Richard McCarty named provost at Vanderbilt
Posted 5/6/2008From Vanderbilt News:
Richard McCarty, a distinguished psychologist who has led the largest school at Vanderbilt University for the past seven years, will be presented to the Vanderbilt Board of Trust next week for confirmation as the university’s chief academic officer.
McCarty, 61, will succeed Chancellor Nicholas S. Zeppos as Vanderbilt’s provost and vice chancellor for academic affairs. Zeppos held the position until his election as chancellor on March 1. McCarty was appointed on the recommendation of a search committee, chaired by Mark Wait, dean of the Blair School of Music, that included faculty, students and a member of the Board of Trust.
"Richard McCarty is a proven and valued colleague to all of us at Vanderbilt," Zeppos said. "His concern for our faculty, students and academic mission is evident from the success of the College of Arts and Science under his leadership. Even more important, Richard embodies Vanderbilt’s values of excellence and fairness. He is a scholar who is committed to every aspect of our education mission."
McCarty, who received his bachelor’s degree in biology and master’s degree in zoology from Old Dominion University before earning a Ph.D. from The Johns Hopkins University, is an authority on the physiological and behavioral aspects of stress. A native of Portsmouth, Va., he spent two years as a research associate in pharmacology with the National Institute of Mental Health before joining the University of Virginia in 1978 as an assistant professor of psychology, rising to department chair before taking a leave of absence to join the American Psychological Association as executive director for science. He has published more than 150 articles and 30 chapters in edited volumes and has edited eight volumes relating to his research interests. He has served as editor of American Psychologist and as founding editor-in-chief of Stress and is a fellow of several scientific societies, including the American Psychological Association, the American Psychological Society, the Society of Behavioral Medicine, and the American Association for the Advancement of Science.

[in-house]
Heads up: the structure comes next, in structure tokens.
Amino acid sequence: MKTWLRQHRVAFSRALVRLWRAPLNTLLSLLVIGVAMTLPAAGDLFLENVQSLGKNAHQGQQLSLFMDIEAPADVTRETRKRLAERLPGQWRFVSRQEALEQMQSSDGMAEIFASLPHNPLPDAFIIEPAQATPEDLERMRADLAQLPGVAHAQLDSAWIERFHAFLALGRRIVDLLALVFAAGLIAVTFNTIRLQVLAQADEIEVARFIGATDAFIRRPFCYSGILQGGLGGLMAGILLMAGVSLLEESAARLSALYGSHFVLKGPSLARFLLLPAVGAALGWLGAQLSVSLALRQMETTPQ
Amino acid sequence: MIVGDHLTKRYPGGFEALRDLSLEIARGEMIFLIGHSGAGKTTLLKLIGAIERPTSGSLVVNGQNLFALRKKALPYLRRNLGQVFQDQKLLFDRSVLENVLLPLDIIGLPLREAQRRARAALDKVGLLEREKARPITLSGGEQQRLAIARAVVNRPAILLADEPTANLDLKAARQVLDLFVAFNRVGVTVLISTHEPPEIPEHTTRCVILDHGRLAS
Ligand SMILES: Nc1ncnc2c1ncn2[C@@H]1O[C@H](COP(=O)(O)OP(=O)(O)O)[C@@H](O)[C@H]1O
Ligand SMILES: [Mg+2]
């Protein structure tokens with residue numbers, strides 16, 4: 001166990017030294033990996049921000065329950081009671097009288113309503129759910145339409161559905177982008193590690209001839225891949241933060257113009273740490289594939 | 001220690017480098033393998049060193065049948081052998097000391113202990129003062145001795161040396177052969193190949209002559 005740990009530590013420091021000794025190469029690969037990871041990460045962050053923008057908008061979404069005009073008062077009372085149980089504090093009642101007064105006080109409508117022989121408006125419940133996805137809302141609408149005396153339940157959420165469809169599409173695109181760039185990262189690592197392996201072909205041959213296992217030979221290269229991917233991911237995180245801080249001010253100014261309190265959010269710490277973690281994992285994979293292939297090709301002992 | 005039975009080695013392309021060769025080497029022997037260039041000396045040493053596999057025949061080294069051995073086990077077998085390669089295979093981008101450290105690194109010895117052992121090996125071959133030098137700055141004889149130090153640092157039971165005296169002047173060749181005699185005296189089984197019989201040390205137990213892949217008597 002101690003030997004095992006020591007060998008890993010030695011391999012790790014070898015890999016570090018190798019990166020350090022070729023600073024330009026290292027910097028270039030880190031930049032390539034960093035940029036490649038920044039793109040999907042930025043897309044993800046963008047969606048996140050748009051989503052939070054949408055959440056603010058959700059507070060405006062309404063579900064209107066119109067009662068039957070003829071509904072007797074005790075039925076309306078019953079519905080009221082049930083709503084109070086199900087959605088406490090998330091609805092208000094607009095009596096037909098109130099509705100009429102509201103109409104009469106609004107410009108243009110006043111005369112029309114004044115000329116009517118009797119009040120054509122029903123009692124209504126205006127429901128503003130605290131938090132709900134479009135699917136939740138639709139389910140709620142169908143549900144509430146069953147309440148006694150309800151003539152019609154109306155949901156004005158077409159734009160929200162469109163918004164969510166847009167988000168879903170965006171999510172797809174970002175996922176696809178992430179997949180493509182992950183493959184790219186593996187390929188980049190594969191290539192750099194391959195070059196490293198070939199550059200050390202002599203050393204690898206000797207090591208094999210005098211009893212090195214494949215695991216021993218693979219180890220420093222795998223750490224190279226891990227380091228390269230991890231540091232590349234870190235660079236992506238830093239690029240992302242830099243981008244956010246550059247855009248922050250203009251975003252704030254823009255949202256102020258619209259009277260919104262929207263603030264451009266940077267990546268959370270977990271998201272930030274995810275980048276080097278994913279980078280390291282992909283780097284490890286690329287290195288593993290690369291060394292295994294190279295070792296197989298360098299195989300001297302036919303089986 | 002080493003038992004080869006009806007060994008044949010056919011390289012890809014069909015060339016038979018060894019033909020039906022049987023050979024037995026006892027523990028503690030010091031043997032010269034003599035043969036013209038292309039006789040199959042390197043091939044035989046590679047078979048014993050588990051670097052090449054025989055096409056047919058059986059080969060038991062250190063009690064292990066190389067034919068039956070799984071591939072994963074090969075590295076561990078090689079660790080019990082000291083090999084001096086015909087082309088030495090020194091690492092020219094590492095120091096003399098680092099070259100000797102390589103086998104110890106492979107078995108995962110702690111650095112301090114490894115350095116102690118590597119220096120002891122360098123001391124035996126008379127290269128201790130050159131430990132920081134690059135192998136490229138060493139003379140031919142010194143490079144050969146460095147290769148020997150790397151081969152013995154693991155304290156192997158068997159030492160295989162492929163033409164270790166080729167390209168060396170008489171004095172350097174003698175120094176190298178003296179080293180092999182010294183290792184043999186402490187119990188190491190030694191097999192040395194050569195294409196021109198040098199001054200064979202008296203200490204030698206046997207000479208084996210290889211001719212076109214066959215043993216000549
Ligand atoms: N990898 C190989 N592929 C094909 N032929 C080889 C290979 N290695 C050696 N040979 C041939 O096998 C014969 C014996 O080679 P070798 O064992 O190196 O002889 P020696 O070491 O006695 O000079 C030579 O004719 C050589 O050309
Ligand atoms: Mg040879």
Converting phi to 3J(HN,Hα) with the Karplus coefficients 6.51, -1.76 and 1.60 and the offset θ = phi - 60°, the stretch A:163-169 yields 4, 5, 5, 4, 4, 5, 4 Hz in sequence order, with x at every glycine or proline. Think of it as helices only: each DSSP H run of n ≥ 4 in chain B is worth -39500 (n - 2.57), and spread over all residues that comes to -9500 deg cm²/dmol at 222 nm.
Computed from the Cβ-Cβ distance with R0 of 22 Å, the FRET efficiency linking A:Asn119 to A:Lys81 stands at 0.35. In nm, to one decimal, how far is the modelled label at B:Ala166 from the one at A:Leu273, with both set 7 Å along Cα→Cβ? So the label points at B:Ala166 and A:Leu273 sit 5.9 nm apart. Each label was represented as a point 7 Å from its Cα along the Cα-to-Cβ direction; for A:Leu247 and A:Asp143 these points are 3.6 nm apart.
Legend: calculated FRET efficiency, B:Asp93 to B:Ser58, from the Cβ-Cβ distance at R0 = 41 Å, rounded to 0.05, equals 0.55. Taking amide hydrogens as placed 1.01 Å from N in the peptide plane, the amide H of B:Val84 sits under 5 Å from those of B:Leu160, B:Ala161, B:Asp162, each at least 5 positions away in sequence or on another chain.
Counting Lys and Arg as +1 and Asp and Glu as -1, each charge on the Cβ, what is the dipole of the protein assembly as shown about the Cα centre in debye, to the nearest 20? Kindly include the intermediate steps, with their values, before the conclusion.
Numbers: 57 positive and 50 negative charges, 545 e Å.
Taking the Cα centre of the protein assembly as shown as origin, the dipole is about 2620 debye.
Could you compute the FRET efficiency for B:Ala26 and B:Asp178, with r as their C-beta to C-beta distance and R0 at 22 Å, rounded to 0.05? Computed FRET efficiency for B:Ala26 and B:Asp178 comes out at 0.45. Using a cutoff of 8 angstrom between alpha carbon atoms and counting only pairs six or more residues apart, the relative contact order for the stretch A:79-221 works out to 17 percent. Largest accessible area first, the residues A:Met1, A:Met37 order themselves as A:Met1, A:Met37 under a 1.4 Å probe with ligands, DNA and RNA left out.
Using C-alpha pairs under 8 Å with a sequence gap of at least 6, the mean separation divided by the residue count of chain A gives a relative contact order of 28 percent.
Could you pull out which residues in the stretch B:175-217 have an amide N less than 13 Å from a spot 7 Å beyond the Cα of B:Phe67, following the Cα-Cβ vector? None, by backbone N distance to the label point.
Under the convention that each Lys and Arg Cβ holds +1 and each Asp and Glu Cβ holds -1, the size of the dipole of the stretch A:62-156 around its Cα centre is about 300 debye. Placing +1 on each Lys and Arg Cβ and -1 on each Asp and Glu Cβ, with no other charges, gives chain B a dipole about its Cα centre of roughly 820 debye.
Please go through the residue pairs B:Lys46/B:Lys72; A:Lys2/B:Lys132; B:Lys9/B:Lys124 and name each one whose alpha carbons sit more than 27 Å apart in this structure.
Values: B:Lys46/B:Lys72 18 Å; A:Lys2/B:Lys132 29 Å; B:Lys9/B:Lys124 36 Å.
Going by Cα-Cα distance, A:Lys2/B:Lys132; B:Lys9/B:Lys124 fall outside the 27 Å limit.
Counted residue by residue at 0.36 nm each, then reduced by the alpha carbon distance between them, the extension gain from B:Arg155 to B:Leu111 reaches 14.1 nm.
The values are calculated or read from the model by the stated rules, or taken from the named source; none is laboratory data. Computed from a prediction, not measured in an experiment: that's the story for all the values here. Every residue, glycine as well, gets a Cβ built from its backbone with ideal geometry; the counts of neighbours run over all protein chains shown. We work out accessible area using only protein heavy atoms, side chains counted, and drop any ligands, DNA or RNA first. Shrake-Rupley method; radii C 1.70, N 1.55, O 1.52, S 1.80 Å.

"I am deeply grateful to Chancellor Zeppos for this extraordinary opportunity to serve the Vanderbilt community as its provost," McCarty said. "I will do my best to live up to the high standards established by Nick during his service as provost over the past seven years. I love this institution and its faculty, staff and students and I am humbled by this appointment."
McCarty has led the College of Arts and Science during one of the most important periods in its history. Under his direction, Vanderbilt embarked on a significant faculty recruitment initiative; undergraduate student quality, diversity and selectivity ranked among the highest in the country; graduate student enrollment and diversity increased dramatically; and a number of new facilities were dedicated, including the E. Bronson Ingram Studio Arts Center and the renovated and expanded Buttrick Hall.
As provost and vice chancellor for academic affairs, McCarty will have responsibility for academic programs (including Blair School of Music, the College of Arts and Science, the Divinity School, the School of Engineering, the Graduate School, the Law School, the Owen Graduate School of Management and Peabody College of education and human development), student affairs, housing, admissions and financial aid, and research.
Carolyn Dever, executive dean of the College of Arts and Science and professor of English, will serve as interim dean of the College of Arts and Science while the university undertakes a national search for a permanent replacement for McCarty.
Vanderbilt University, founded in 1873, is a private research university with more than 11,000 students. It is one of Tennessee’s largest employers with more than 22,000 employees. It has been consistently ranked as one of the nation’s top 20 universities.